And true enough, talk show hosts Jimmy Kimmel and Conon O’Brien joined the bandwagon of Kardashian mockery following the robbery, proving Garcia right. O’Brien went so far as to make lewd comments, making reference to Kim’s leaked sex tape in 2007. He said, “Kim was bound and gagged, then the robbers broke in”. O’Brien clearly used a false analogy in comedic banter that underlines the societal sexism that shuns sexually expressive women.
Even though the incident happened nearly 10 years ago and the film is over a decade old, people hold onto that notion of Kim as if it was released yesterday. Other successive ventures of Kardashian, such as her mobile game that Forbes heralds her as a “mobile mogul”, which can be used to characterise her were instead swept under the old news of her sex tape.
In brute contrast, countless celebrities such as Chelsea Handler and Paris Hilton have also unintentionally shared their sex lives to the world. But, interestingly, they are less likely to be labelled with the names commonly associated to Kim.
Drawing back to Lang’s opinionated article, she took the heist as an opportunistic moment to slam Kim by referring to her as “a woman who, by her own admission, lacks talent, yet has turned her ample backside into a bankable asset”. This seems almost as a distraction to the overall argumentation that fails to provide evidence in support of her stance on Kim’s narcissism. Though Lang echoes the views of many who hate, or could not care less about the Kardashians, she represents the media who chooses to sham Kim even with her ingenious comeback of making lemonade from a stash of lemons that came from the leaked sex tape.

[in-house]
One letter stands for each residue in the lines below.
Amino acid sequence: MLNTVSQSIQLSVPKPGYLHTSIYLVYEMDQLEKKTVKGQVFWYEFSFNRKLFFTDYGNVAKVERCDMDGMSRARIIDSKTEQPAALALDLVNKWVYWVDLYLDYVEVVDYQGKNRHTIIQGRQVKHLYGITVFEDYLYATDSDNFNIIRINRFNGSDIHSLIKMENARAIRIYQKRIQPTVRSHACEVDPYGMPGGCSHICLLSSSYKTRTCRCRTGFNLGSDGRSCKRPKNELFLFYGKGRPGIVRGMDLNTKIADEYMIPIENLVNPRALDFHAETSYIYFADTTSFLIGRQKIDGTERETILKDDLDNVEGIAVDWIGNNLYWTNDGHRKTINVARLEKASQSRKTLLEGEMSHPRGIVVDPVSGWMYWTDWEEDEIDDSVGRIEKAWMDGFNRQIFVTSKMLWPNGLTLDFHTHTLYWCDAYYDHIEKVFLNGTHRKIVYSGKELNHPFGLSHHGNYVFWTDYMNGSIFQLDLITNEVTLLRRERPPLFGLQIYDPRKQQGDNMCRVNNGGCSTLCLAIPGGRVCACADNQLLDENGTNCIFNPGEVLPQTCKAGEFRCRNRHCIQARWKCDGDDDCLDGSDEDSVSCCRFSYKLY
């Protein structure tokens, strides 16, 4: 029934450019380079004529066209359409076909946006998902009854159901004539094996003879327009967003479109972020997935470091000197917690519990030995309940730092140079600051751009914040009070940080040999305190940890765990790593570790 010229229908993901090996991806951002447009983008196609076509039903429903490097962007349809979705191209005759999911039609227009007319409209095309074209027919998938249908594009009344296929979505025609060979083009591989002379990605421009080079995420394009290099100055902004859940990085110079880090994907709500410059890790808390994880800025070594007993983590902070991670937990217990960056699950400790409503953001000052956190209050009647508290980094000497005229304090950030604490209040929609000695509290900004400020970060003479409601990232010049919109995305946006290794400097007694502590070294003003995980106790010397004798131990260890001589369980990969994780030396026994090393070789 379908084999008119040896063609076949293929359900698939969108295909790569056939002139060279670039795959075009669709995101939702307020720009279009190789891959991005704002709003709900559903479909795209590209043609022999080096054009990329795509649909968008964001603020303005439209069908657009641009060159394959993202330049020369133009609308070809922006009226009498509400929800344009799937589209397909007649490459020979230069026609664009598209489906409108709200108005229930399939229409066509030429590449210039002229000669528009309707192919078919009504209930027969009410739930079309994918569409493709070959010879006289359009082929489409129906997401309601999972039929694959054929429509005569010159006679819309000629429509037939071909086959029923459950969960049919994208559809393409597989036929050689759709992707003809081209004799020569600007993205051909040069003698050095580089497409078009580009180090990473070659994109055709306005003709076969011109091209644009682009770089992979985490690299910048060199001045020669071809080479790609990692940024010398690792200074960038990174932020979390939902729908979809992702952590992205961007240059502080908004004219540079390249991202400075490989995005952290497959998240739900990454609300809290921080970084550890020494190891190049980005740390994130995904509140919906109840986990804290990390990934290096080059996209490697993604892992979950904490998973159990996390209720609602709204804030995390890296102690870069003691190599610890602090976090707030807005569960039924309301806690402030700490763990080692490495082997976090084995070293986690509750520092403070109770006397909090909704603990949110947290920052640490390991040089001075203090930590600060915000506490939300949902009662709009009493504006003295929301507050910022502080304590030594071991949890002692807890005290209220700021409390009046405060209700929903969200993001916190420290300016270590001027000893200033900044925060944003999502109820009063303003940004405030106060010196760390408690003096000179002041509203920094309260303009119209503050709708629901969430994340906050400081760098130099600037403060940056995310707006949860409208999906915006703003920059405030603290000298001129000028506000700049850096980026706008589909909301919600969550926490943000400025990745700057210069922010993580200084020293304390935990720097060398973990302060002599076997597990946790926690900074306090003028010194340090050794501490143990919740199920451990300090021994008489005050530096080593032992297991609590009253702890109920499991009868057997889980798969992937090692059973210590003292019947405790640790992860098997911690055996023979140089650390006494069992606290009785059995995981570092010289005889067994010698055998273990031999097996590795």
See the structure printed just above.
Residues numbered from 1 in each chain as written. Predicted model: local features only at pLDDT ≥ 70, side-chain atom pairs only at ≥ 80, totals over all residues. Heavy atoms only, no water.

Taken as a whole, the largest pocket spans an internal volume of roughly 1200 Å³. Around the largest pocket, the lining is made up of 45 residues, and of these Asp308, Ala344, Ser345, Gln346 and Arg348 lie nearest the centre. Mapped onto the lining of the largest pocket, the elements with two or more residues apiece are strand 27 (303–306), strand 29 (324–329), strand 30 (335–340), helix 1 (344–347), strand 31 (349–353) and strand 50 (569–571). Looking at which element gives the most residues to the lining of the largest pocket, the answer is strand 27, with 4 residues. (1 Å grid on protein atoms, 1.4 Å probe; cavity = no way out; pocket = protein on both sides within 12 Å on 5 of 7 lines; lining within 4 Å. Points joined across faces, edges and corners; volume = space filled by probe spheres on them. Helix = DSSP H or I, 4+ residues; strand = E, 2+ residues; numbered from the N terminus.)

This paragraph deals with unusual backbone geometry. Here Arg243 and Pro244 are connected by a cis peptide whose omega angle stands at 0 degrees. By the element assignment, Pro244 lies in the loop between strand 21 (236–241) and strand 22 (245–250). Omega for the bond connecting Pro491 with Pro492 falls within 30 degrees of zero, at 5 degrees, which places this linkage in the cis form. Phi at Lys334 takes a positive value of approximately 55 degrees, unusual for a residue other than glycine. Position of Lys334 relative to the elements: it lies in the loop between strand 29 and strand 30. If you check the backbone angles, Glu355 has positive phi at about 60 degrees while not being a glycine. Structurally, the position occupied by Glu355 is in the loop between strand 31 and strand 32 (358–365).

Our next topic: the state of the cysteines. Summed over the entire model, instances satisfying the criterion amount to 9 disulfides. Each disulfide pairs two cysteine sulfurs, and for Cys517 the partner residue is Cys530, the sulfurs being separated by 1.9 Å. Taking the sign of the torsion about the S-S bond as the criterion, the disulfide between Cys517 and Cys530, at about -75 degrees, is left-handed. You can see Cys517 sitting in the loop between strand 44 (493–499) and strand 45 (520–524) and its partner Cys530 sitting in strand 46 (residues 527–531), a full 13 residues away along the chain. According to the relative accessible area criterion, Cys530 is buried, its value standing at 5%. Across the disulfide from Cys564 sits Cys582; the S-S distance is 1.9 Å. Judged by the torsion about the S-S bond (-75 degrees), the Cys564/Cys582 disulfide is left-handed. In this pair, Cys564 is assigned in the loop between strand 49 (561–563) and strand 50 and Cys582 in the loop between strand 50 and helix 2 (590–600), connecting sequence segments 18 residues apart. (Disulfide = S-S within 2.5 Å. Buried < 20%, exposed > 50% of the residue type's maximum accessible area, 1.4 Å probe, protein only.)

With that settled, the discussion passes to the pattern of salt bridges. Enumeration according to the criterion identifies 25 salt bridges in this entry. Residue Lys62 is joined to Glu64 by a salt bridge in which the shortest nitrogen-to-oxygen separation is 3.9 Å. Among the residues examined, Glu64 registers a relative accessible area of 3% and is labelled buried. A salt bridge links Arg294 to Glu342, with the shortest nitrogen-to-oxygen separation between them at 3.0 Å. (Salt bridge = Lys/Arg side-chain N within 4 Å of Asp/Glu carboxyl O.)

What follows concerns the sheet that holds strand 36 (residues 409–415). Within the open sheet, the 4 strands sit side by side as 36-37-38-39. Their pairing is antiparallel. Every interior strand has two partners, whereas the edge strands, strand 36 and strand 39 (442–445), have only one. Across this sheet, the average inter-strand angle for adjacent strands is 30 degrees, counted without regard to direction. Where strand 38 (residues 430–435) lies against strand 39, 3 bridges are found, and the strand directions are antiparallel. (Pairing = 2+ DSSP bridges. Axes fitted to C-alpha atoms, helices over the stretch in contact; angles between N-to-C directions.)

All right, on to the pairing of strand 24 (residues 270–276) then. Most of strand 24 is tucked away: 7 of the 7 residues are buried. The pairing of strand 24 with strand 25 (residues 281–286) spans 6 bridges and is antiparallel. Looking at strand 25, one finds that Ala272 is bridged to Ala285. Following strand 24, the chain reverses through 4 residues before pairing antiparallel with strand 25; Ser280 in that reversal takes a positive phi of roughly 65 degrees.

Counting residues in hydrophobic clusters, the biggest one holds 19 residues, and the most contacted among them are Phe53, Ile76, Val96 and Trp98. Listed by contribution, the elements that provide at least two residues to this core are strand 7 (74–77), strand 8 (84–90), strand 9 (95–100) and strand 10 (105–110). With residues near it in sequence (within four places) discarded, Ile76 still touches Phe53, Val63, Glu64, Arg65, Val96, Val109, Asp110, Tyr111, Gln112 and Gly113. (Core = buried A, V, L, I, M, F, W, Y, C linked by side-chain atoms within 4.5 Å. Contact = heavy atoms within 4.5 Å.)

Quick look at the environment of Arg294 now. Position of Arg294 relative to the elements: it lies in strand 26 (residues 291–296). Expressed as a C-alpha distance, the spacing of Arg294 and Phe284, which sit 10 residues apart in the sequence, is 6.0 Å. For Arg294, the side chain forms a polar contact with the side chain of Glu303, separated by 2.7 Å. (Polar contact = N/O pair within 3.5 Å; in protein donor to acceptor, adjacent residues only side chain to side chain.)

With 86.2 million followers on Instagram, Kim has almost four times the number of fans than there are people in Australia. Imitations of her iconic nude coloured body-hugging crop tops and high-waist pencil skirts pack the racks in Supré and H&M stores, luring young fans to mirror her style. Moreover, we owe it to Kim for popularising the boxer braids hairstyle and the face contouring looks that teens and women in early twenties mimic. Like a Regina George in real life, Kim has revolutionised the fashion industry and pushed the boundaries of fashion, proving that anything she does always makes the cut to Page Six.
Sadly, the stark negative opposition to Kim has overshadowed her truly good deeds such as her annual donations. Through her highly publicised and widely followed Instagram account, Kardashian has raised awareness about the Armenian genocide and body empowerment. Moreover, when North West was born, instead of requesting for gifts, she urged family, friends and fans to donate to the Lurie Children’s Hospital in Chicago where the money was channelled to a neonatal unit.